Cason Clagg/Jeff Smith

Explore a world of dead, buried animals with the “United States of Fossiliferousness.”

Some people dig for gold. For others, strange creatures that died millions of years ago but live on as funky rock-things are the buried treasure.

Cason Clagg is one such fossil fanatic. Nowadays the software developer is exploring the Haragan Formation in Southern Oklahoma, poking around in limestone for brachiopods and trilobites. It’s a rewarding occupation, if you’re into stuff like that—this is an example of the kind of alien critters he’s unearthing:

Moussa Direct/Wikimedia

But the hobby also has its hurdles. “It’s somewhat difficult to find a place that has fossils and is reasonably accessible,” says Clagg, who lives in Norman, Oklahoma. “You have to deal with landowners and public land, where you usually can’t take specimens.”

So like any good treasure hunter, Clagg turned to cartography. “I wanted a map that showed exactly where all the fossils were, down to the exact latitude and longitude,” he says. “That way, when we are driving down the road we know if it’s worth our time to stop at a particular roadcut and comb through it.”

And thus was born the “United States of Fossiliferousness,” a map of all the places in the country where fossils have been discovered. (It exists in several versions.) Brighter dots or larger circles show places that are richer in fossils, maxing out at 927 occurrences per site.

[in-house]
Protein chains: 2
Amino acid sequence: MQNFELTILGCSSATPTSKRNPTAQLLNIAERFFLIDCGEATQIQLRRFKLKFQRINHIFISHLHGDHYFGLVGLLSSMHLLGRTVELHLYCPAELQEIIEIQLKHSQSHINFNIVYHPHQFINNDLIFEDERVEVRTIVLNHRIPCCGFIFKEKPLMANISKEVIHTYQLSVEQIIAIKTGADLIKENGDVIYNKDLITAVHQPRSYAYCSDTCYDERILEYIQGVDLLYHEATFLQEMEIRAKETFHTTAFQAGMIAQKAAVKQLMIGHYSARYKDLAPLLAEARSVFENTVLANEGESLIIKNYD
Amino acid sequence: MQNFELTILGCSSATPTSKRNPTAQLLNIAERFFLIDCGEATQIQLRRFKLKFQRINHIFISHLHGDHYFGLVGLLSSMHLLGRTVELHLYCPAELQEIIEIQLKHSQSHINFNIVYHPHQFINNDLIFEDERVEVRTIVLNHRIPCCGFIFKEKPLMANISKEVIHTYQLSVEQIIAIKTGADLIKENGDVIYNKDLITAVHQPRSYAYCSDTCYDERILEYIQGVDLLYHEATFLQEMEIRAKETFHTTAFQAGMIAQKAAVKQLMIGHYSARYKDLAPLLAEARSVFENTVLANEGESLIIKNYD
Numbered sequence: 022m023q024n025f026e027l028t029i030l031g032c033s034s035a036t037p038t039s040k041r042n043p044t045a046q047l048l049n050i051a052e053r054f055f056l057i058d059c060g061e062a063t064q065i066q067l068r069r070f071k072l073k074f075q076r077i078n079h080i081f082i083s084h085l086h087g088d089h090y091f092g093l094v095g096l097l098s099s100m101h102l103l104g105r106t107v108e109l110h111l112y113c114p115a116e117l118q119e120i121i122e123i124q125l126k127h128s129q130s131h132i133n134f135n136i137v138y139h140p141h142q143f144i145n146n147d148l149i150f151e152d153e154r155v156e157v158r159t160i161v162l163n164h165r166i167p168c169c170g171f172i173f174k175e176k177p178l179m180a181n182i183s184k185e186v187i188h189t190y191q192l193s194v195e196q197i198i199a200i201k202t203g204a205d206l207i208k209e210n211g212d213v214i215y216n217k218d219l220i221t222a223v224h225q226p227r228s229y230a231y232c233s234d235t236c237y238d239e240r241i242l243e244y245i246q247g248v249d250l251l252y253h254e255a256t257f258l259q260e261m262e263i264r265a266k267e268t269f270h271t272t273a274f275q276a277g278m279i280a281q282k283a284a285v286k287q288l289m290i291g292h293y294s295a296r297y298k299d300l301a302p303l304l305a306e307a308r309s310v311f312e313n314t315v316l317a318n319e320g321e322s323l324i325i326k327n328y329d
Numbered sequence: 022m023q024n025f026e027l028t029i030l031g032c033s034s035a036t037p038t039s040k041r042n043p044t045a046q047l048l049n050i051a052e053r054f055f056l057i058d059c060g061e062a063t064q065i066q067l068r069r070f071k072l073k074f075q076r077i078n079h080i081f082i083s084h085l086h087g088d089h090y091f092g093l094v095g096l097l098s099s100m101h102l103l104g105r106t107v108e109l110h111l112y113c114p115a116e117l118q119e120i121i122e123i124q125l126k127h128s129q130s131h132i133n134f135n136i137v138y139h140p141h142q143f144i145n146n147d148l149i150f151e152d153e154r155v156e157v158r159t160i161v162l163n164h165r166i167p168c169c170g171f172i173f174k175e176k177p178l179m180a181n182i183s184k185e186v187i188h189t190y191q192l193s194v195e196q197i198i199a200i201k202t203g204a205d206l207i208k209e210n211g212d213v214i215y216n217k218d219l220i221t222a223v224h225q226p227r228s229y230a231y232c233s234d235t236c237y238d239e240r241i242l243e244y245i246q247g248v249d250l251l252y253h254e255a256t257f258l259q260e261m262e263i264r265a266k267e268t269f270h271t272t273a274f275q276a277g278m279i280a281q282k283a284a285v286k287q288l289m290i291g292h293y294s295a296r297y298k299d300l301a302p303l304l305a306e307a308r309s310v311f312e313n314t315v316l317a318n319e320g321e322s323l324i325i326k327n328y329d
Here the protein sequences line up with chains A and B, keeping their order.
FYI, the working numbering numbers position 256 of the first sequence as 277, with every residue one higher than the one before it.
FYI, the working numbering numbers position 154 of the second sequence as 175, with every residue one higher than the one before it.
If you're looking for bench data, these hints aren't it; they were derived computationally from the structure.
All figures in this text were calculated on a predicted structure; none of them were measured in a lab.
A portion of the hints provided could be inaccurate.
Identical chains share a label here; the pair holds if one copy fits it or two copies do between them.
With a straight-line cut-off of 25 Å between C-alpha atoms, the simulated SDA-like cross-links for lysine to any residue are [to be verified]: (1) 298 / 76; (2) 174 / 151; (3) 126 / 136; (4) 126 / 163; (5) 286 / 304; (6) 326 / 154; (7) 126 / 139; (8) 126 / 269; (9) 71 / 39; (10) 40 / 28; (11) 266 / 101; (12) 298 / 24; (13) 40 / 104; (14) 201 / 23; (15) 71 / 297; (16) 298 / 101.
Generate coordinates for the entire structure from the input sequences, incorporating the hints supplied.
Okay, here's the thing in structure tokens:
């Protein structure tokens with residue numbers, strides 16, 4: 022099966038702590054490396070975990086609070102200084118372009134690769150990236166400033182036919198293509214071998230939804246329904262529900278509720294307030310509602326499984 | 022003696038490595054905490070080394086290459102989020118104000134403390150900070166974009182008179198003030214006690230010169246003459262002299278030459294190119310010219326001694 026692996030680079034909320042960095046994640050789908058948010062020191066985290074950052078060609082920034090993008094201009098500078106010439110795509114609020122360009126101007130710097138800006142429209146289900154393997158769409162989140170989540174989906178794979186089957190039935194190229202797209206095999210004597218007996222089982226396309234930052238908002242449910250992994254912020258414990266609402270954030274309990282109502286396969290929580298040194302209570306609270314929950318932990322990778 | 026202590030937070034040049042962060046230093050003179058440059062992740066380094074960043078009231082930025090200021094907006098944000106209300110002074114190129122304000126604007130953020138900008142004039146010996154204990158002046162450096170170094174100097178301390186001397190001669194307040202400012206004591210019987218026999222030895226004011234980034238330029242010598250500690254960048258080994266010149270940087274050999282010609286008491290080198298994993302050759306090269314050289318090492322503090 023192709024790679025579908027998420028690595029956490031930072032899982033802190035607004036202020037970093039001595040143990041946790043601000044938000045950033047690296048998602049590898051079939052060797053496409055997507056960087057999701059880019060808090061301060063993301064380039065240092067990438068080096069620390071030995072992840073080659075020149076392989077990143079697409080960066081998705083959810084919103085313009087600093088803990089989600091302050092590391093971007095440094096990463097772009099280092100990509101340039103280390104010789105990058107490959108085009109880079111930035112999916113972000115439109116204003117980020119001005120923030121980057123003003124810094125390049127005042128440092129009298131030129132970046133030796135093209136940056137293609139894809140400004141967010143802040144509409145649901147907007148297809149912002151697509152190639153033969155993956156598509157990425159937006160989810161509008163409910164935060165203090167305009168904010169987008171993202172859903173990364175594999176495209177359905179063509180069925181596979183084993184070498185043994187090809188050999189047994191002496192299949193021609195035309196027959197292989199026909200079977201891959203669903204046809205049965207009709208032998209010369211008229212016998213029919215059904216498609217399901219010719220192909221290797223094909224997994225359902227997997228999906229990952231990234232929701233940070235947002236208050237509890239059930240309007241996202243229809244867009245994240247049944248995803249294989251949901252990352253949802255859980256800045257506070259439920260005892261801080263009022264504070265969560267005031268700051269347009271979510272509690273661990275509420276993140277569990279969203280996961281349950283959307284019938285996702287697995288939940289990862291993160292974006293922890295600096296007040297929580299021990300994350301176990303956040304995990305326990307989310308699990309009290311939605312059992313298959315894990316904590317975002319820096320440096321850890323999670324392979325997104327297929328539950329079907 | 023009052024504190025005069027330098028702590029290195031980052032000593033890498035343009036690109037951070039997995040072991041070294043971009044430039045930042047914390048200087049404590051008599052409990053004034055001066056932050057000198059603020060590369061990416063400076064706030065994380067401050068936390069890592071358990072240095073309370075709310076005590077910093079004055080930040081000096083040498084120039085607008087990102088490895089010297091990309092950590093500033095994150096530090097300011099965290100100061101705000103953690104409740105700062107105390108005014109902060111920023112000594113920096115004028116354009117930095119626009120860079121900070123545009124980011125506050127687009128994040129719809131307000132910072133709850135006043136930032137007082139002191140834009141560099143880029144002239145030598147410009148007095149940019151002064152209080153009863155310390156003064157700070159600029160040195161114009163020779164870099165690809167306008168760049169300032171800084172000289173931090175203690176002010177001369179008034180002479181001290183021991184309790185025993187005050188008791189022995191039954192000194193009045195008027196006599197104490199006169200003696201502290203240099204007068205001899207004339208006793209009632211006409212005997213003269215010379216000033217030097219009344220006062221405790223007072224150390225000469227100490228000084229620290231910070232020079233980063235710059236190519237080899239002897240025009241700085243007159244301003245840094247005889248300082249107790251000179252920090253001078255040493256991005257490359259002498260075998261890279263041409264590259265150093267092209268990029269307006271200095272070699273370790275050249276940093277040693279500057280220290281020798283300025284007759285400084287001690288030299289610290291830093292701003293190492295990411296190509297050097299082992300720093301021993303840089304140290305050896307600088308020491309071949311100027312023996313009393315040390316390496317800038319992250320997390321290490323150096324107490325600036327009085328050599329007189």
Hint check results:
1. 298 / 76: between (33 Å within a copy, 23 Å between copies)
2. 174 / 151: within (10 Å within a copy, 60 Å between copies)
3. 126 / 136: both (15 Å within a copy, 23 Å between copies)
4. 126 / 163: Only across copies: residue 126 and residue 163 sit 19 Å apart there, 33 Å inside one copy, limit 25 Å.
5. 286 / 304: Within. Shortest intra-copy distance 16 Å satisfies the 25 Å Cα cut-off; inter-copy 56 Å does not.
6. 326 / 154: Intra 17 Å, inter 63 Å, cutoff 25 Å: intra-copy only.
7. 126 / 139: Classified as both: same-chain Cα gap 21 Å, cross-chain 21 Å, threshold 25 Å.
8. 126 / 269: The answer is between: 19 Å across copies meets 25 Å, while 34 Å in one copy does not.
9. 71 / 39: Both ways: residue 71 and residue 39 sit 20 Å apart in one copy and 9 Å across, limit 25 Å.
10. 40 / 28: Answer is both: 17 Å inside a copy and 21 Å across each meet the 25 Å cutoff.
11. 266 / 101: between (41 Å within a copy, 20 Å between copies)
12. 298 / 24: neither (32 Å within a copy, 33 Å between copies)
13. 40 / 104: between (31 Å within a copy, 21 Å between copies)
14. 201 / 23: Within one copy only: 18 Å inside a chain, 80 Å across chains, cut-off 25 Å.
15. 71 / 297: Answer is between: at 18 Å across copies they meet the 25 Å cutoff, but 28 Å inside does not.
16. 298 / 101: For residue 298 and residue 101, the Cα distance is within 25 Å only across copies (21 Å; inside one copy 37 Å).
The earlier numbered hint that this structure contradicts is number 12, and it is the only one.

A couple things are worth noting, one being the line stretching across New York. One Reddit user surmises these fossils were found during the digging of the Erie Canal. Another is the dense swath of fossils in the “Black Belt” region of Alabama, which was underwater during the Cretaceous Period.

Cason Clagg

Clagg’s map is based on the Paleobiology Database, a nonprofit public record maintained by hundreds of scientists across the world. “It’s the best source I’ve found for fossil records in an accessible format,” he says. “All things considered, their API is pretty amazing and it was very easy to obtain the data I needed to visualize the questions I had.”

He says he plans to extend this work into an iPhone app, so finding fossils will be as easy as turning on location services and seeing what’s nearby.

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